JOE DAVIS was the father of modern snooker, winner of 15 successive world titles, but he is alleged to have controlled the game ruthlessly, blocking the progress of others, included a man reputed to be the game's greatest hustler.

What would he have made of the £230,000 prize for this year's world championships, and the bonus of £147,000 for a maximum break? Tomorrow is the 53rd anniversary of the first officially recognised 147, which Davis made in an exhibition at Leicester Square Hall, the Crucible of the day.

Billiards was more popular, but Davis won the inaugural world pro snooker title in 1927, and the world billiards title the next year - first to hold both simultaneously.

He was just 27, and large crowds flocked to his exhibitions at the London Palladium. He was responsible for popularising snooker, regarded until then as an inferior game by leading cue men.

Davis helped organise the inaugural world pro snooker championships. Ten entrants each paid 10 guineas (£10.50) to enter. Half of that bought a trophy, and Davis's first prizewas £6.50.

He scored his first snooker century in 1928 and when he retired in 1964 had made 687 of them. He set five record breaks, but the 147 in 1955 was the only maximum of his career, in an era when equipment was vastly inferior.

He was officially beaten on level terms just four times in his life, once by his young brother, Fred. Cynics claim he rarely played anyone, outside of championships, without giving them a few blacks of a start, thus ensuring his record would remain intact if he should lose.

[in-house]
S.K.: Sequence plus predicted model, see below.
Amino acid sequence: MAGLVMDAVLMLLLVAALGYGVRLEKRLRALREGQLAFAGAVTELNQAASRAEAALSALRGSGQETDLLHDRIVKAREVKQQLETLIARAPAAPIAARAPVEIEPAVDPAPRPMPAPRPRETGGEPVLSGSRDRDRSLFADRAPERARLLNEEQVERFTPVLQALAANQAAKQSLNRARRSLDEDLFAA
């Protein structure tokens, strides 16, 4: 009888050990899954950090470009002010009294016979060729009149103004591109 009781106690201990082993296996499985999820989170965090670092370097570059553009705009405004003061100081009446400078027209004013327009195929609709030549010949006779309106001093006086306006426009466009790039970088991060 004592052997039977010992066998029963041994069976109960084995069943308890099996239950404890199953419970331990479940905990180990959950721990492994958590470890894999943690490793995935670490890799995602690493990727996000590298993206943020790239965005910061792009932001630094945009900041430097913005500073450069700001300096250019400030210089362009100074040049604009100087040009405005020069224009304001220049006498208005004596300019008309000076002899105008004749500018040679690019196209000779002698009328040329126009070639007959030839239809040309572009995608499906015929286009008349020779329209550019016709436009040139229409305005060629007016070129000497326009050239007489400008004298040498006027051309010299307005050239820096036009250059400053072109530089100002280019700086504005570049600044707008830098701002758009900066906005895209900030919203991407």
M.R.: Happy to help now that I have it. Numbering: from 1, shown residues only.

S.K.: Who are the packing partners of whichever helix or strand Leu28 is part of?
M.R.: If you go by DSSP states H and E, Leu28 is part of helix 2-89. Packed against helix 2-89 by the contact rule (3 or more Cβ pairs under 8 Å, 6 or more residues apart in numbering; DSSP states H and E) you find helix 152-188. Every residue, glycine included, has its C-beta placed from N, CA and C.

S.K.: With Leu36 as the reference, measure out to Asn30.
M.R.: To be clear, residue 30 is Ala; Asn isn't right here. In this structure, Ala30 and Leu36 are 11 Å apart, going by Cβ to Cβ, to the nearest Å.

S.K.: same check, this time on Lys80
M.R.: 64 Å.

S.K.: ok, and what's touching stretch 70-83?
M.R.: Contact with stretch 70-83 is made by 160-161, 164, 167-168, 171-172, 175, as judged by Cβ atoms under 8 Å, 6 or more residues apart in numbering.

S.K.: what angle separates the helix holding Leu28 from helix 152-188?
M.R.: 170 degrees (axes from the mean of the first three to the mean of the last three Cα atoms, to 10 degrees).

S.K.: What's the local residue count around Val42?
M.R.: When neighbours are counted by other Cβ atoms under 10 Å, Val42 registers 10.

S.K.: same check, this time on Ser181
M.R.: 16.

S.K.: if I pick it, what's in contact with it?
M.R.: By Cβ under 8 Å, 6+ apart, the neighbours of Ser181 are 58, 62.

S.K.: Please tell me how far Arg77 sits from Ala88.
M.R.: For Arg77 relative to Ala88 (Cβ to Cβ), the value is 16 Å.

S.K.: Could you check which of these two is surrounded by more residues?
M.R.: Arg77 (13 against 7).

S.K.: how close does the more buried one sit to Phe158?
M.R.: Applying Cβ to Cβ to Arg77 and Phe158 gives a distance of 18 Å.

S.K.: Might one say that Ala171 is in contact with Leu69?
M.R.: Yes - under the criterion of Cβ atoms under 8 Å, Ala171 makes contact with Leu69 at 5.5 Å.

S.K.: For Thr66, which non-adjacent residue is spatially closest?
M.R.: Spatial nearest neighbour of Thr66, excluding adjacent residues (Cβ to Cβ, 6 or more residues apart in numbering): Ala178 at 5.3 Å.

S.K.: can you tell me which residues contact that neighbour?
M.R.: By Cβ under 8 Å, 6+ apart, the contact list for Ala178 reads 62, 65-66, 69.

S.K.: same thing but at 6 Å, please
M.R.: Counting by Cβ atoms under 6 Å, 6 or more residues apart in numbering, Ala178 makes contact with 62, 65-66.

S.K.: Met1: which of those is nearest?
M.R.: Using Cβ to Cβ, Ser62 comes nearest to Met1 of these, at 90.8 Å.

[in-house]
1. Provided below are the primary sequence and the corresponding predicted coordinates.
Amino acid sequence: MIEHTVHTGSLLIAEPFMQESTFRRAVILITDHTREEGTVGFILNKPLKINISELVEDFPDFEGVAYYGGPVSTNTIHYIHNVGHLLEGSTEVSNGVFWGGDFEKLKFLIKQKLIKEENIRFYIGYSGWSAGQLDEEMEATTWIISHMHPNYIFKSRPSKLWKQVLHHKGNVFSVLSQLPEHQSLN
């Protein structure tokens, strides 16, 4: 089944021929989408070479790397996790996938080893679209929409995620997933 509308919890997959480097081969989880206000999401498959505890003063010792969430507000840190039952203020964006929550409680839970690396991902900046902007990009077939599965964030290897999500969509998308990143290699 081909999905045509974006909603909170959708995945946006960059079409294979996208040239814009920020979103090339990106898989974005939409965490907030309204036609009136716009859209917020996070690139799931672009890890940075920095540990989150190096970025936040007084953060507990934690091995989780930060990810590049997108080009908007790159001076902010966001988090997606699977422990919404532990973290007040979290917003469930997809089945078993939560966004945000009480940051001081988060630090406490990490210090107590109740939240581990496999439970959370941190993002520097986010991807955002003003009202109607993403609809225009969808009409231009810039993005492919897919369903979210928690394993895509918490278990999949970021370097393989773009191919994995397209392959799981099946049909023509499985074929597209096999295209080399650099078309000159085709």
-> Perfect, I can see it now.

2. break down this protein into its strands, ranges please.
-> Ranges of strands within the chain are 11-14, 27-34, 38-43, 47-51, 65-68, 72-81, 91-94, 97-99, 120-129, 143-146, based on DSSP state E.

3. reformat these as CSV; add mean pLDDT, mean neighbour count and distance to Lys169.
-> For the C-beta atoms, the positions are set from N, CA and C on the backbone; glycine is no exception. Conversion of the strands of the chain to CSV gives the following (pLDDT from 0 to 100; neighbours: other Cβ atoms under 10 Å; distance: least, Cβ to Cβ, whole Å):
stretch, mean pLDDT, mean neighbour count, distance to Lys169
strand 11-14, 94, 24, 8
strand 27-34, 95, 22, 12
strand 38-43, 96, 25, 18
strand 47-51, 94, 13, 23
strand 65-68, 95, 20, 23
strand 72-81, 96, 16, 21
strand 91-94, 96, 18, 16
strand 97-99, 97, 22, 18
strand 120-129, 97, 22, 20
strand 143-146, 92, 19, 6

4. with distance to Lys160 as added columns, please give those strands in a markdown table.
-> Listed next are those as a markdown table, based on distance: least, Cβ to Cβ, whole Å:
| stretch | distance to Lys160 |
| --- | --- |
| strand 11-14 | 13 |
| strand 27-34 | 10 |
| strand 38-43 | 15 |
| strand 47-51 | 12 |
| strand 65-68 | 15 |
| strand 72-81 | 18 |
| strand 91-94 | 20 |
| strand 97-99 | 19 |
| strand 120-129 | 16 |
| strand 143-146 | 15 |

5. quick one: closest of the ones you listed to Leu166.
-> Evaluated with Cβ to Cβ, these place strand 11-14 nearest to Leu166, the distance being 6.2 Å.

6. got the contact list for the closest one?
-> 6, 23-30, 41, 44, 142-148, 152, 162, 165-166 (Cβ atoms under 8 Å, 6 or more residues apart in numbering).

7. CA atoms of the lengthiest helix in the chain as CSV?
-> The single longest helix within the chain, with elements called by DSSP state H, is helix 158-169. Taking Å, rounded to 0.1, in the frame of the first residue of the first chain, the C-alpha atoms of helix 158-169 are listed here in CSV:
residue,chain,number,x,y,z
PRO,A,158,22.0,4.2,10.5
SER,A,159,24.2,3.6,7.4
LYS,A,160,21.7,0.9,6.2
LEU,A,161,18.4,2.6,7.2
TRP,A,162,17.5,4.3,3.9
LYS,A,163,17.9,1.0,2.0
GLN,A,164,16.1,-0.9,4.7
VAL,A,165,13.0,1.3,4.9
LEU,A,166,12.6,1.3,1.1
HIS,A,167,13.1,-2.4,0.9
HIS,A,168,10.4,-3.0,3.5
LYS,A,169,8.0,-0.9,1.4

Born in a Derbyshire mining village in 1901, he was 10 when his father took over a hotel which had a full-size billiard table. Young Joe was allowed to practise on it, and at 13 was the local amateur billiard champion. He turned pro at billiards in 1919 and never lost a world snooker cham-pionship. He kept that record intact in 1940 by beating his younger brother 37-36 in the final. Fred later won the world title eight times.

Joe (car registration CUE 1, and with a statue at Tussauds) was the doyen of the game, and responsible for selecting new professionals. Patsy Houlihan was a worthy candidate. Regarded as the greatest British hustler ever, he was tracked down by a Sunday paper in 2002. He claimed to have lost only once in five matches against Davis: "After that he wouldn't play me unless I gave him a start."

Houlihan won the prize for the highest amateur snooker break of 1953 and became a money-match ace, often behind-closed-doors. In one of these he beat world champion Ray Reardon, while in the English amateur champion-ship final he thrashed future world champion, John Spencer, 11-3. He also beat him in the final of the TV Trophy, one of the earliest televised events. He held the record for the fastest century, at under four minutes, later broken by Jimmy White.

But Davis disapproved of Houlihan and also tried to stop Alex Higgins turning pro. Clive Everton, doyen of commentators, ventured Davis "froze him out because of his criminal record . . . Davis put the dead hand on Hoolihan."

Houlihan had apparently once served four months for breaking and entering. Blocking him would surely have been challenged today on grounds of restraint of trade.

After Davis's death Houlihan, by then around 60, was still trying to qualify for world championships, sleeping under one of the tables.

Joe Davis died in 1978, at 77.